MLB postpones spring training games to March 5, with more lockdown talks scheduled for Monday

In light of the ongoing Major League Baseball labor dispute, the league has officially announced that the spring training schedule has been postponed to March 5 at the earliest. Here is the official statement from MLB:

We regret that, with no collective agreement in place, we have had to postpone the start of spring training games to Saturday March 5th at the earliest. The 30 Clubs are united in their strong desire to bring the players back to the pitch and the fans to the stands. The clubs have adopted a one-size-fits-all policy that provides a full refund option to fans who have purchased tickets from the clubs for any spring training matches that are not taking place. We are committed to reaching a fair agreement for each party. Members of the owners’ bargaining committee will join an in-person meeting with the Players’ Association on Monday and will stay on every day next week to negotiate and work hard to start the season on time.

First, here’s another reminder that the league is under no obligation to postpone any of these games. It’s an owner-mandated lockout that they could decide to lift in order to play games while negotiating a new CBA. Just at the right time, MLBPA released the following statement:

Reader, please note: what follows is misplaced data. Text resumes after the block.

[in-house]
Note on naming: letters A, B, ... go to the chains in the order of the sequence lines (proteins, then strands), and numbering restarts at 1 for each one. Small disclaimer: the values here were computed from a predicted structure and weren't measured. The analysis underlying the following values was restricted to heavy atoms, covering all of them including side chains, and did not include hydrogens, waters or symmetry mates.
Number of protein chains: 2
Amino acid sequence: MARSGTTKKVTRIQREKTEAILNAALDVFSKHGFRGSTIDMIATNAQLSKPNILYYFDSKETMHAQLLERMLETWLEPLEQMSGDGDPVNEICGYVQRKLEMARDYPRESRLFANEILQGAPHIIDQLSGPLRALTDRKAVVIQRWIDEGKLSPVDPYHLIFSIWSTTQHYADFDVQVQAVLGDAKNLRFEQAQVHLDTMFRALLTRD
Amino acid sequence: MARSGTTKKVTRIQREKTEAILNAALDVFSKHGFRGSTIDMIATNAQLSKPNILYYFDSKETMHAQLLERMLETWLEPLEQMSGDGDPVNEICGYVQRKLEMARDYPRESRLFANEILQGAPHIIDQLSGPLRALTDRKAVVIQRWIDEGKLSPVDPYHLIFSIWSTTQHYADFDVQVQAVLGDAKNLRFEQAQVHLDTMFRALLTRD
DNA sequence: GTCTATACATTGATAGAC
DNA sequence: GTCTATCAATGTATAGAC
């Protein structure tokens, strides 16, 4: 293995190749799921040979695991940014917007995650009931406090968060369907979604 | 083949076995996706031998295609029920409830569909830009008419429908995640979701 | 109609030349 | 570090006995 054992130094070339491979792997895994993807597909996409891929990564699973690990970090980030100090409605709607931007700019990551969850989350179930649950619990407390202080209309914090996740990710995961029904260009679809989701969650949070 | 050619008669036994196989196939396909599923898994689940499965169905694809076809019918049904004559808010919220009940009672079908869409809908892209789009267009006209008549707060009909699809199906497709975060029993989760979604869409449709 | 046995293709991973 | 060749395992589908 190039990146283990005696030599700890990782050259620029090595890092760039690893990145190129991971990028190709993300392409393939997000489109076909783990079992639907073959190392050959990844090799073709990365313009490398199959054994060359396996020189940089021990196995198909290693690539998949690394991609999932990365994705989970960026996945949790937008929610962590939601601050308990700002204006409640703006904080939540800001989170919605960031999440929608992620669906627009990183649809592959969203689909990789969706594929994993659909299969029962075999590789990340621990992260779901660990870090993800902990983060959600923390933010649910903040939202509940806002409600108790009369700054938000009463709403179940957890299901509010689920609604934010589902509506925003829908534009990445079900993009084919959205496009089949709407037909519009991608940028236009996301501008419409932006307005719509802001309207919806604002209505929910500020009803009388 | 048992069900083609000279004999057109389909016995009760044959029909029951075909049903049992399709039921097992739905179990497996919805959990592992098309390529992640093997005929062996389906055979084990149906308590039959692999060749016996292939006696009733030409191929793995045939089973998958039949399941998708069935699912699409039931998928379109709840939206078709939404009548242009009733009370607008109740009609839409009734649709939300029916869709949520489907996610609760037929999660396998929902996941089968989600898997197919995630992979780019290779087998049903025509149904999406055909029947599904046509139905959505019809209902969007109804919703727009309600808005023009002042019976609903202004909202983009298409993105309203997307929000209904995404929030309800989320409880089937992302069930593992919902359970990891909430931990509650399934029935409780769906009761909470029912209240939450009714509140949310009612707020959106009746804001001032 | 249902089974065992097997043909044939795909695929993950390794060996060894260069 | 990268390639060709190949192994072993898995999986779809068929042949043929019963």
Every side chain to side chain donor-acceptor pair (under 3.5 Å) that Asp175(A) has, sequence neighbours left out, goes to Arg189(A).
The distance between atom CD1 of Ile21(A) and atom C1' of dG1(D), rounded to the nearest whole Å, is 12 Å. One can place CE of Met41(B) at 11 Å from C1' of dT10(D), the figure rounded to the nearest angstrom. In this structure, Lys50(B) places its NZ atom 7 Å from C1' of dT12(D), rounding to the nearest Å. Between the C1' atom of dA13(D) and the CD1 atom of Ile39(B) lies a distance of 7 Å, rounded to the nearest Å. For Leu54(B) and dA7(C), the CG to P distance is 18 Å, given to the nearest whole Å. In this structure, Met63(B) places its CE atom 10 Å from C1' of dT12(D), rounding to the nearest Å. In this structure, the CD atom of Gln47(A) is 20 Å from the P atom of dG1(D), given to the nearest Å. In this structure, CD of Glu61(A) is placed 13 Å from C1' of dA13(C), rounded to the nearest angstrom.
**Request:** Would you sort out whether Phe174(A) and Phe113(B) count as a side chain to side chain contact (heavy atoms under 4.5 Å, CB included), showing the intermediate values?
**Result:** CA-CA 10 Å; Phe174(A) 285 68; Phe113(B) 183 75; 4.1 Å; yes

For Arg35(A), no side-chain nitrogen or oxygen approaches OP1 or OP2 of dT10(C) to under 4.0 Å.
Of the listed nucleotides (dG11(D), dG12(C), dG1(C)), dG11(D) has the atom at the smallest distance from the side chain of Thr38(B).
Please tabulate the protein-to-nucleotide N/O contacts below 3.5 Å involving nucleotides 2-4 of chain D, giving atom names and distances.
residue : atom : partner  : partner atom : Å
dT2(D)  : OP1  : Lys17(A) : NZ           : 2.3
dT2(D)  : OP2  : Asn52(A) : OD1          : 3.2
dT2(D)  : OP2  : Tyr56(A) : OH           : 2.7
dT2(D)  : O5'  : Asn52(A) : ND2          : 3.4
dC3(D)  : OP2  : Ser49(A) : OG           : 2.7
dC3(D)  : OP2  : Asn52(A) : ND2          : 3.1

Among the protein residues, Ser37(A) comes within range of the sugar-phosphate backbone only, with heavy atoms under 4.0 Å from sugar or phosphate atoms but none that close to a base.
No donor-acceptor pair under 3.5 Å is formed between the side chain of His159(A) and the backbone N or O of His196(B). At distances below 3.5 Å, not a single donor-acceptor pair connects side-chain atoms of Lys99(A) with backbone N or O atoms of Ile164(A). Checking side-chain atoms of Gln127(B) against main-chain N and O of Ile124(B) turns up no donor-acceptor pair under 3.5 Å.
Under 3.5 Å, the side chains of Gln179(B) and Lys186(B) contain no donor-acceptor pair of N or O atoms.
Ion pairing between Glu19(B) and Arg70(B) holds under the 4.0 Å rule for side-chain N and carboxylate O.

MLB announced today that it “must” postpone the start of spring training games. It’s wrong. Nothing compels the league to delay the start of spring training, just as nothing required the league’s decision to implement the lockout in the first place. Despite these league decisions, the players remain committed to the negotiation process.

The most newsworthy point of the statement is, of course, the delayed start to the spring training game. The action of the game was supposed to start on February 26 and instead it won’t happen until March 5. In all likelihood, this will wipe out around 6-9 games of action per team as they typically play 28-32.

On the positive side, there is still time to reach an agreement and keep the regular season in place. Commissioner Rob Manfred said teams will need about four weeks to start opening day (March 31) on time. It’s reasonable that teams could start training 4-5 days before getting in-game action on March 5 and then prepare for March 31.

In light of that, the next most newsworthy part of the statement would be the in-person meetings coming next week. So far, the two sides have taken days or even weeks between meetings. The last meeting between the two parties took place on Thursday – full details on said meeting here – and the next will be on Monday. They then plan to meet every day next week.

In general, in collective bargaining, more frequent meetings take place when progress is made. Although the latest statement from Major League Baseball is hardly encouraging for baseball fans, there is still hope that the regular season will start on time.

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